Stickyness is a common term to refer to persistently high inflation. Specifically it refers to how sometimes inflation can be self-propagating and people start to expect it. Consumers/employees/employers all start expecting/demanding/planning for future price increases which makes those future price increases more likely to occur. Stickiness can also help explain the persistently below forecast inflation 2009-2018. People just got used to and expecting low inflation which made the low inflation more persistent despite Fed intervention.
Prices can be sticky and inflation expectations can become embedded. However, inflation expectations have been a terrible way to forecast actual inflation as shown by the persistently high inflation expectations following the great recession.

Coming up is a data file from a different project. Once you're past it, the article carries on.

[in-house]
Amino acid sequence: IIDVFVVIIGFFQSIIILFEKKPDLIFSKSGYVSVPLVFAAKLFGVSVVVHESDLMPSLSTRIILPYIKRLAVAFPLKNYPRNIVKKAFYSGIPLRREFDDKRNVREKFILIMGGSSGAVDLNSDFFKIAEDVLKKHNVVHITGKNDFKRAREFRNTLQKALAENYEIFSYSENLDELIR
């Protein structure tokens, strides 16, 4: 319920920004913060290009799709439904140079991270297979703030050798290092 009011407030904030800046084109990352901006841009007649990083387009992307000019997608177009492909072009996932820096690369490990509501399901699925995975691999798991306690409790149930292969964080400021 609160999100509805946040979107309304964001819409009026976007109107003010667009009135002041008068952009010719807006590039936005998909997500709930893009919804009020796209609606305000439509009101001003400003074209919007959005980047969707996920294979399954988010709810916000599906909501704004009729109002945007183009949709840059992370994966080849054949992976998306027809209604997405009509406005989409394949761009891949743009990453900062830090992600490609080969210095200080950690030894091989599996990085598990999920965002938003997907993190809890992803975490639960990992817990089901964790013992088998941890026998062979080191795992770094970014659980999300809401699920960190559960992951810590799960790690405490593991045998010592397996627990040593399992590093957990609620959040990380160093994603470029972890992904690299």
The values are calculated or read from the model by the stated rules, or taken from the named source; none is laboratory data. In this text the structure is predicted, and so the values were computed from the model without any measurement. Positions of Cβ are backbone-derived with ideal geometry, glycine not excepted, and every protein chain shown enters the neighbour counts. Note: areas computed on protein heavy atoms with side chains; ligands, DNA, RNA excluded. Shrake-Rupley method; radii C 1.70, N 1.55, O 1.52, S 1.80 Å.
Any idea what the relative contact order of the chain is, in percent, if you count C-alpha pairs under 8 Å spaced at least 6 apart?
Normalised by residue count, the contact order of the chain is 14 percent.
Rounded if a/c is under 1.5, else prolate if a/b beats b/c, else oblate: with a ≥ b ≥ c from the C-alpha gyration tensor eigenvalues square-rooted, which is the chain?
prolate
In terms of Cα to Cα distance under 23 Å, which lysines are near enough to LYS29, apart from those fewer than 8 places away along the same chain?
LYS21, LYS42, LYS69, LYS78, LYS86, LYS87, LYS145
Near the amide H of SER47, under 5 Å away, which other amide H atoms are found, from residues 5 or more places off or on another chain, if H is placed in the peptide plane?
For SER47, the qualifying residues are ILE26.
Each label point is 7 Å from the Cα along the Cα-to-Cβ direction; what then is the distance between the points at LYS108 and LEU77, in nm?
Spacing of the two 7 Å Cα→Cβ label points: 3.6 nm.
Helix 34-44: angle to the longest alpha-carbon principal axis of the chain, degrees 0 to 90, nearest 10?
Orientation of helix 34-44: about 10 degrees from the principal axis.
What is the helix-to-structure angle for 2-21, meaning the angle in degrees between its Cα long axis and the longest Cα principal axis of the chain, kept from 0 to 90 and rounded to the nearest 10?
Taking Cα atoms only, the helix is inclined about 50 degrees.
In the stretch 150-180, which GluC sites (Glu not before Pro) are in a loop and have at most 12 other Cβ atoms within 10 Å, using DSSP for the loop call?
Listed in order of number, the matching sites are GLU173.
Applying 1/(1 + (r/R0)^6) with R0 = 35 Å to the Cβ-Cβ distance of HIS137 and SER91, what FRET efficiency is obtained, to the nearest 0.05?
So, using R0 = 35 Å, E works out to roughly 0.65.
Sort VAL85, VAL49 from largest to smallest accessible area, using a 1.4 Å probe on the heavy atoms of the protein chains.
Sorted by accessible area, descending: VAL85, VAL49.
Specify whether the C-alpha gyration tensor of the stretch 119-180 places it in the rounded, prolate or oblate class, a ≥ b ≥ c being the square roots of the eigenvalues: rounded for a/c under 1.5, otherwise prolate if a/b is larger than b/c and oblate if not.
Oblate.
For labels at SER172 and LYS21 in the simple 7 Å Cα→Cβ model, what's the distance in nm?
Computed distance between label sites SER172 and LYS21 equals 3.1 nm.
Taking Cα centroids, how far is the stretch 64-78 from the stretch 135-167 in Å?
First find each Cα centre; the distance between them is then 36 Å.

No but that's kind of the whole point. The market expected inflation to go up based on Fed action. But actual consumers/employers/employees did not. Most people aren't really that financially aware. What they do know is that 2-3% raises became the norm. The low rate of inflation was self-reinforcing.
Well I did post on market predictions (e.g. bond spreads) and they all seem to be pointing to low inflation (even though they got this current bout of modest inflation wrong).
Inflation expectations were all over the place and had little predictive power.
Again what the market expects and what joe shmo expects for a raise or for a new car are not really related.
Completely agree which is why I posted about breakevens here:

viewtopic.php?f=10&t=361804

Breakevens did not predict this modest spike but have been a more reliable measure than joe schmoe and can be adjusted for the effects of "Fed intervention" as I discussed in my thread.
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Re: Ritholtz argues inflation will be mostly transitory